The laid-back sound of Chaise Lounge in ‘Jazz Upstairs’
Allentown’s Miller Symphony Hall welcomes the Washington area ensemble Chaise Lounge to its “Jazz Upstairs” series in the Rodale Community Room, 7:30 p.m. July 13.
The sextet offers swinging numbers that feature vocalist Marilyn Older while spotlighting an all-star lineup.
Charlie Barnett, who plays piano, accordion and guitar with the group, writes the tunes. His background as a composer is voluminous. He’s done more than 400 film and television show scores. He’s received awards and Emmy nominations. His orchestral and chamber works have been performed around the globe. And he’s arranged and produced pop and jazz records for numerous artists.
Barnett has also written a play, “Twelveness,” dealing with Arnold Schoenberg and George Gershwin, their tennis matches, friendship and musical tastes, among other things. He’s working with two collaborators on a musical, “19,” about Alice Paul and the fight for women’s suffrage.
Barnett’s television credits include “Saturday Night Live,” “Weeds,” “Royal Pains” and “Archer.”
Notable collaborations include a spoken-word piece written and performed with Dr. Maya Angelou.
Barnett has recorded scores of pop and jazz albums for labels, including Def Jam and Elektra.
“I honestly don’t like promoting this band [Chaise Lounge] as a jazz band,” Barnett says in a phone interview. “In some ways, it’s a chamber ensemble.
“We play jazz music for people who don’t really care for jazz. In a way, it’s as if you took singer-songwriter material and put it in the hands of six very good jazz musicians.
“Our sound is commercial jazz circa 1962. All the group members understand the showiness of it. They all came in loving Louie Prima and Astrud Gilberto. Most of my material is original but it’s all redolent of a previous era.”
Of singer Marilyn Older, Barnett says, “Lyrically I think Marilyn is some sort of genius in delivering a cool, heart-felt story.”
The group’s beginnings go back to when Older was working for Barnett. He notes, “She was doing all sorts of things. I would be writing a melody for, say, English horn. I’d ask her to sing this while I play this. Her center of pitch and her memory impressed me immediately.
“Later, when she was no longer working for me, she said she’d been listening to Astrud Gilberto. She asked if I was interested in starting a band. I had a number of other things going but I couldn’t say no.
“We wrote a song together for another project. I called some of my favorite session guys together. On our second gig, they said we should have a sax player. Lo and behold, 19 years later we’re still together. The only difference is that we have a new trombone player.”
Older has been singing professionally since she graduated as a music technology major from American University, Washington, D.C. She has written songs and performed with a variety of bands, including Nixon’s Cat, Dead Girls & Other Stories and has toured as a pianist with Doc Scantlin’s Royal Palms Orchestra. She’s been nominated for a Wammy as the District of Columbia area’s best vocalist.
She has contributed as a lyricist to Chaise Lounge’s material and has written songs for a number of independent films. She’s also director of the Holistic Practitioners’ Business Association.
Drummer Tommy Barrick can be heard with a variety of acts ranging from swing and jazz to Latin, funk and punk around the Washington, D.C., area. He’s performed throughout the United States and Europe and can be heard on many television and film scores.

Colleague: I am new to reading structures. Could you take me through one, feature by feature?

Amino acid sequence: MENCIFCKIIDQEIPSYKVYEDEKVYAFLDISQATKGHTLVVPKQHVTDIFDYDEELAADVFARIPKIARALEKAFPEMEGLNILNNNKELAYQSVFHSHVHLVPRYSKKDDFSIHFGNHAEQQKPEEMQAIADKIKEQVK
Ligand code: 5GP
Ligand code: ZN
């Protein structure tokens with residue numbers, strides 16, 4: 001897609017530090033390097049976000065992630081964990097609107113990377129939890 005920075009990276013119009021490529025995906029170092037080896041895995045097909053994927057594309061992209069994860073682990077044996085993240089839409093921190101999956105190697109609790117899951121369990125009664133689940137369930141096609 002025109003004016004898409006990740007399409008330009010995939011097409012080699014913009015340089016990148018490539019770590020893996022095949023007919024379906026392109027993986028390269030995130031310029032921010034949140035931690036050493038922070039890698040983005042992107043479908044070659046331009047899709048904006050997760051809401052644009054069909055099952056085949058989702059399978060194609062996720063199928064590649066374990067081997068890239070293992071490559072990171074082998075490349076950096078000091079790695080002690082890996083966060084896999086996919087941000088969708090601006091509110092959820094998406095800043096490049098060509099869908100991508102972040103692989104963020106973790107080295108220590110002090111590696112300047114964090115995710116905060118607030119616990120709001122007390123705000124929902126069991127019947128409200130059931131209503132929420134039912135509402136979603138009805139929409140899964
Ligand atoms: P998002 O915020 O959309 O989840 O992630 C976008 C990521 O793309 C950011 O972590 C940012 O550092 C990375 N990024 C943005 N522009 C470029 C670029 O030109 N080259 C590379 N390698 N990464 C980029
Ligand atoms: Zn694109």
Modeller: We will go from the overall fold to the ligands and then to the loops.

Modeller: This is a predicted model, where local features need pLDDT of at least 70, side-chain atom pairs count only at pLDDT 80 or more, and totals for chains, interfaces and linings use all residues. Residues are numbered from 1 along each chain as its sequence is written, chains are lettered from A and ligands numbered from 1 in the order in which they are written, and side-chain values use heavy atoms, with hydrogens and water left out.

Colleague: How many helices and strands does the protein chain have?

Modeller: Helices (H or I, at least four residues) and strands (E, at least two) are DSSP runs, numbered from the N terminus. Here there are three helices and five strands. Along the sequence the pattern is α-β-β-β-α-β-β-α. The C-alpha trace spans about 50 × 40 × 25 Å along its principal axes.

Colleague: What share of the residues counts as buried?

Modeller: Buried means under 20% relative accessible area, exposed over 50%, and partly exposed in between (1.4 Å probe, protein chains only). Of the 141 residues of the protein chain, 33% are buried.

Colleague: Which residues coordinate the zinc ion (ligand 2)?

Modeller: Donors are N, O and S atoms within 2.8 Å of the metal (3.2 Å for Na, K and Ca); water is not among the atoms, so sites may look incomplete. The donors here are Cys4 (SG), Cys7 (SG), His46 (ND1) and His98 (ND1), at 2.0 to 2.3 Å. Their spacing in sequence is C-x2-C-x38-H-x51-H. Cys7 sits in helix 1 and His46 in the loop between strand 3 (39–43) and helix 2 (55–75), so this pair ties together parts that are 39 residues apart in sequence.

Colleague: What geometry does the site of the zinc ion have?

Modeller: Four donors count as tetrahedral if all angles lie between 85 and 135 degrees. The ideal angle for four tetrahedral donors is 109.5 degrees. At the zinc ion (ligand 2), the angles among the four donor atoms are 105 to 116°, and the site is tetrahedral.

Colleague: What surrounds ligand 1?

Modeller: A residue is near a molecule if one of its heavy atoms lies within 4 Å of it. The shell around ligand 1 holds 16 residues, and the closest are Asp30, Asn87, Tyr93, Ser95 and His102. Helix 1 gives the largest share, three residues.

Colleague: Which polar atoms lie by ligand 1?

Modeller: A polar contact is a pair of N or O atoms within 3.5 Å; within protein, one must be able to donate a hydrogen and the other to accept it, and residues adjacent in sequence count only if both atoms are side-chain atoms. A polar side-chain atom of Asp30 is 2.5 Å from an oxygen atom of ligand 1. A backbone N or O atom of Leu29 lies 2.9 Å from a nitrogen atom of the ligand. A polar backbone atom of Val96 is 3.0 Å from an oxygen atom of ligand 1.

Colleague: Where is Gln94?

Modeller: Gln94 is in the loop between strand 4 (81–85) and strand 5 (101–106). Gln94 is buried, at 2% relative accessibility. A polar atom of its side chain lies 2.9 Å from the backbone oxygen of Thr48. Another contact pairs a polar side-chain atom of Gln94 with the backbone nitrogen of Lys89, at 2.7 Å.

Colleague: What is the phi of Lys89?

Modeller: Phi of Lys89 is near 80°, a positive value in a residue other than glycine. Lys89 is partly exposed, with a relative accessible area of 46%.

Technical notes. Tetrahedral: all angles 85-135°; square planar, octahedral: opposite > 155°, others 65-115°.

He’s also a Wammy nominee and a five-time winner for his contributions to Washington, D.C., music scene. Barrick recently published his first percussion method book, “The Paradiddle Workbook.”
Las Vegas native Gary Gregg performs with many Washington, D.C., ensembles, including The Cutaways, The Tuxedo Park Orchestra and his own sextet. He is in demand for his work on clarinet, tenor and flute.
Trombonist Joe Jackson attended the University of North Texas. He played in the One O’Clock Lab Band. He performed with the Maynard Ferguson Band throughout the United States and Europe and later joined the U.S. Air Free Airmen of Note. There he created the “Jazz Heritage Broadcast Series.”
Jackson transferred to the U.S. Air Force Ceremonial Brass but continued honing his big band chops with groups like the Woody Herman Orchestra and David Liebman Big Band. He joined Chaise Lounge in 2012. He’s also done numerous arrangements and works with a number of Washington, D.C., area nonprofits, all of which serve roles in the education, rights and welfare of children in the United States and Africa.
Bassist Pete Ostle served in “Pershing’s Own,” playing with the Concert Band, Army Blues, Army Chorus, Army Orchestra, and Army Chorale during his 20-year military service tenure. He formed La Carte Brass & Percussion, for which he plays sousaphone.
He also leads the Tuxedo Park Orchestra, a 10-piece swing band. In addition, he plays double bass with a number of Washington, D.C., area orchestras. Ostle has a degree in arranging and composition from Berklee College of Music, Boston, Mass.
Of the band, Barnett says, “They’re all cut from the same bolt of cloth. We’re all interested in stories. When Gary plays a solo he’s not out to impress you with his chops. He’s interested in telling a 32-bar story.”
Barnett encourages prospective “Jazz Upstairs” attendees: “Come for a really nice date night out with a warm invitation written in every song. The audience will walk out of there in a better mood than when they came in.”
Tickets: Miller Symphony Hall box office, 23 N. Sixth St., Allentown; allentownsymphony.org; 610-432-6715